The African Development Bank opened its inaugural African Gender Equality Index report by observing: “Women are more economically active in Africa than anywhere else in the world.”

This is visible in Ghana, where every busy intersection and marketplace teems with women vendors. Nearly 70 percent of Ghanaian women participate in the economy—a rate higher than many developed countries—and women are present in nearly every sector and in a range of roles, from cooks, to police officers, to CEOs. Conversely, women also represent a significant portion of Ghanaians living in poverty and are disproportionately at risk from the negative impacts that can accompany business operations and economic growth.

A few weeks ago, we traveled to Ghana to explore these contradictions and the role the private sector can play in advancing women’s economic empowerment and ensuring women benefit more fully from economic growth in sub-Saharan Africa, as part of a research grant sponsored by the William and Flora Hewlett Foundation.

Our initial findings reinforce the importance of a holistic approach to women’s economic empowerment—one that focuses on the underlying systemic factors affecting women, from education gaps to lack of affordable electricity, and many more in between.

Our research, which included surveys, interviews, and focus groups and examined Ghana’s mining, telecommunications, and garment industries, unearthed five key findings.

  1. Economic empowerment is not just about women’s participation in the economy—it is about ensuring women have the necessary resources, opportunities, protections, and skills to achieve their full potential and have a choice in what they do with their lives. The distinction between participation and empowerment is important in the context of Ghana, where encouraging women to join the labor force, in some cases, means women stay in low-level jobs so that they can continue to provide for their families instead of pursuing further schooling or career advancement opportunities. There are signs of progress, however: Women lead two of the country’s major telecommunications companies.
  2. Laws aren’t holding women back, poverty and social norms are. As one stakeholder told us: “In Ghana, there is no law that comes between a woman and her becoming anything she wants to be.” Progressive laws, such as 3 months’ paid maternity leave and equal pay for equal work, have helped tackle gender discrimination for many women from well-off families. However, women from lower-income households face a range of systemic barriers, including entrenched poverty; poor access to housing, finance, and health services; and deep-rooted social norms that dictate which types of jobs are “acceptable” for women and that place a heavier share of domestic responsibilities on women. Companies must understand the impact of these systemic barriers if they want to enhance economic empowerment of the women in their workforces, value chains, and the communities where they operate.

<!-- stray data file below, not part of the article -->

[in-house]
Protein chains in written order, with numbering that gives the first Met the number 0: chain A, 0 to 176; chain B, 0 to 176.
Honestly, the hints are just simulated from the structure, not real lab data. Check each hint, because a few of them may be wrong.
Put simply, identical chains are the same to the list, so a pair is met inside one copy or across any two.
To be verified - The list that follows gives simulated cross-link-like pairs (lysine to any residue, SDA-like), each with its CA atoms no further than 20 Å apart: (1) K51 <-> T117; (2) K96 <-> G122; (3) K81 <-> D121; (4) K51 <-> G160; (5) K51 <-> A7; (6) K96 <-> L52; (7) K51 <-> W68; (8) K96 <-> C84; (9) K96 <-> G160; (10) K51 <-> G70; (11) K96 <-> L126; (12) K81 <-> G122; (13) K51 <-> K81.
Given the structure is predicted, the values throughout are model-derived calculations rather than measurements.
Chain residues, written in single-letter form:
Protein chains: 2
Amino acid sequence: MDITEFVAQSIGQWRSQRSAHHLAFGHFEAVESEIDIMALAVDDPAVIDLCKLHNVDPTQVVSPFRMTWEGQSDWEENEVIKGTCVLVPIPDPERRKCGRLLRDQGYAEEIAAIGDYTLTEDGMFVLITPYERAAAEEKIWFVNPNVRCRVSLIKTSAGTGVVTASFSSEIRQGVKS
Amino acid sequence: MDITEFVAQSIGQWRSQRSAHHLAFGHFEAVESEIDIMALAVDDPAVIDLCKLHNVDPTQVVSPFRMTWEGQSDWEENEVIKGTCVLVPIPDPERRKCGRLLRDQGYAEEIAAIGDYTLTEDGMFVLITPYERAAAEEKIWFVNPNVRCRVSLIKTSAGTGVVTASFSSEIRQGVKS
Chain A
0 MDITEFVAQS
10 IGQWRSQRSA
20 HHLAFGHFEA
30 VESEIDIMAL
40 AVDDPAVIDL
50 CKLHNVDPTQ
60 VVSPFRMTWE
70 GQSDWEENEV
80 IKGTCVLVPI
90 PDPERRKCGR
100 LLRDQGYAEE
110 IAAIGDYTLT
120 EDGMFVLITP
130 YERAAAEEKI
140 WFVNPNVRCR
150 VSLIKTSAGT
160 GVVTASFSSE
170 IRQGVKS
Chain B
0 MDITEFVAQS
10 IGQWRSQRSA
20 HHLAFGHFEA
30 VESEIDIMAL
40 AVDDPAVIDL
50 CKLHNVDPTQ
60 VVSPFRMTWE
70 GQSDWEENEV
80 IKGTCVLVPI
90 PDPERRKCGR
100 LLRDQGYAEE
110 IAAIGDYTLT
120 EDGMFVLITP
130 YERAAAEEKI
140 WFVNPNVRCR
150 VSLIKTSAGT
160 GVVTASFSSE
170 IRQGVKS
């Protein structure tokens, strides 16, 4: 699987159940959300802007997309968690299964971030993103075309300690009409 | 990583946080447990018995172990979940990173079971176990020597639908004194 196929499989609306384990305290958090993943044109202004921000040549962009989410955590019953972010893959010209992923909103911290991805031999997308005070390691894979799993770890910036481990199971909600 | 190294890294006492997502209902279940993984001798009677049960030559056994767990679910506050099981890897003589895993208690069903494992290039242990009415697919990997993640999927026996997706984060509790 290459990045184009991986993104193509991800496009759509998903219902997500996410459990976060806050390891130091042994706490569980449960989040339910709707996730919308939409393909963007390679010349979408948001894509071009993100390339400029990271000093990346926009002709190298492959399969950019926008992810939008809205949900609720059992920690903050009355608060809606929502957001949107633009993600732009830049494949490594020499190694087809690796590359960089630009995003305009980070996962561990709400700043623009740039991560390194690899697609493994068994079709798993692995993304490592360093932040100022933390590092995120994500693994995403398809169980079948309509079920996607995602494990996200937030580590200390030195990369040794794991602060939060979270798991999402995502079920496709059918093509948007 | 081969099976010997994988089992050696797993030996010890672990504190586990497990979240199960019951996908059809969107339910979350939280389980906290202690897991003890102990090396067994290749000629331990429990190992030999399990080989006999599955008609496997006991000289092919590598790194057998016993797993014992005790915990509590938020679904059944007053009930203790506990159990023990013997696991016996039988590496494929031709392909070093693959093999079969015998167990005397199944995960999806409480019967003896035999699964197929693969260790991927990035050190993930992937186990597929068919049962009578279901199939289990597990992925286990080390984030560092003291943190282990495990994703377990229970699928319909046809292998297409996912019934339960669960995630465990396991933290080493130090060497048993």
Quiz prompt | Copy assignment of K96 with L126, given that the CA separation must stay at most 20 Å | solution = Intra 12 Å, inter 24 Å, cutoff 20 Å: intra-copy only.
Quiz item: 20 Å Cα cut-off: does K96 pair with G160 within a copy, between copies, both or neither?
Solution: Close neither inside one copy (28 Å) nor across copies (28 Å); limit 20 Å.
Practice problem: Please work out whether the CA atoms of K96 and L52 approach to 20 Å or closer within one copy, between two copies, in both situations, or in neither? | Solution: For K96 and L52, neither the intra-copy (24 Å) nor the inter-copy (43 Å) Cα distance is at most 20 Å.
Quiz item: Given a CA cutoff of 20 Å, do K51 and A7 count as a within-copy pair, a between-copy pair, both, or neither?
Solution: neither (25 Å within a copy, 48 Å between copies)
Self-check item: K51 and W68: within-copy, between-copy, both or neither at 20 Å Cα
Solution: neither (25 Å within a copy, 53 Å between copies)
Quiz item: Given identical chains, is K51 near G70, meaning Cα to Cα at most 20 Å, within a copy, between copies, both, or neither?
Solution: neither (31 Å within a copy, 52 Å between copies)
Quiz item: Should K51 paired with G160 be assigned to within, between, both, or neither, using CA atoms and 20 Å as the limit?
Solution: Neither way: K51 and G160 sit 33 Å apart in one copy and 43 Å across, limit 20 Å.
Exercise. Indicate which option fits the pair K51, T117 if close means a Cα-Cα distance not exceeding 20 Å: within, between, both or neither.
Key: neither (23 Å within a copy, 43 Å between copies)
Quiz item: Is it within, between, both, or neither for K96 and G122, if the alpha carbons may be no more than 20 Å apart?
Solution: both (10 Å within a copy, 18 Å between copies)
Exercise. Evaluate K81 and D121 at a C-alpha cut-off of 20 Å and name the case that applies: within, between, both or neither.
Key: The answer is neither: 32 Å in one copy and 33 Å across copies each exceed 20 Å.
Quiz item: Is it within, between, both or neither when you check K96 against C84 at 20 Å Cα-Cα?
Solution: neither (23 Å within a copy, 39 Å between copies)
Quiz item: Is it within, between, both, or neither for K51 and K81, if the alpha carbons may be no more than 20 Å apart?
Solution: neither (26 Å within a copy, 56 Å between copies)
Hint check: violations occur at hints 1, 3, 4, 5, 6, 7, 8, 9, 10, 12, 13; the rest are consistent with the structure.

3. Women business owners are key to unlocking opportunities at scale. Female entrepreneurship is regarded as essential to inclusive economic growth because women reinvest much of their earnings into their families and communities, according to many studies. Yet, the role of women business owners in advancing opportunities and livelihoods for women along the value chain is often overlooked. We found that the majority of garment factories in Ghana are owned by women, who are not only dedicated to growing the nascent sector but also to improving the well-being of their employees—most of whom are women. We spoke to one female factory owner who provides temporary housing for new employees, develops employee leadership skills, and works to build women’s self-esteem—with far-reaching impacts at and outside of work. Small business owners, however, often struggle to secure large contracts with buyers and access to credit to grow their businesses and bring these opportunities for women to scale.
  4. Training should equip women for the future. Although Ghana has made significant progress in primary education, gender gaps remain in technical training and higher education. While many companies offer on-the-job training, most of it is focused on helping women do their jobs today, not on preparing them for the future. In focus groups conducted for this project, women from the telecommunications and garment sectors highlighted how additional training was a prerequisite for promotion. For women to advance and contribute fully to companies and economic growth, they need ongoing training with long-term goals in mind.
  5. There is a need to invest directly in women and integrate gender sensitivity into companies’ activities and strategy. Many companies are aligning policies and practices with global diversity and inclusion commitments but struggle to translate these into local operational context and to include an explicit gender component. In Ghana in particular, companies should consider women’s personal safety when determining working conditions and hours or how agriculture farmland is distributed to households near mining sites to ensure women can use and benefit from the land. Gender considerations also need to be included in the development of new technological products and services and how and where these are sold or distributed to women.

It is clear that Ghana has made considerable progress toward gender equality. The number of inspiring female community and business leaders we met are a testament to that. Yet, significant challenges remain. For companies, investing in women in Ghana is not only smart business, but also a chance to strengthen sector growth, build healthy communities, and enable Ghana to live up to its potential as a key trading partner and model of an inclusive economy.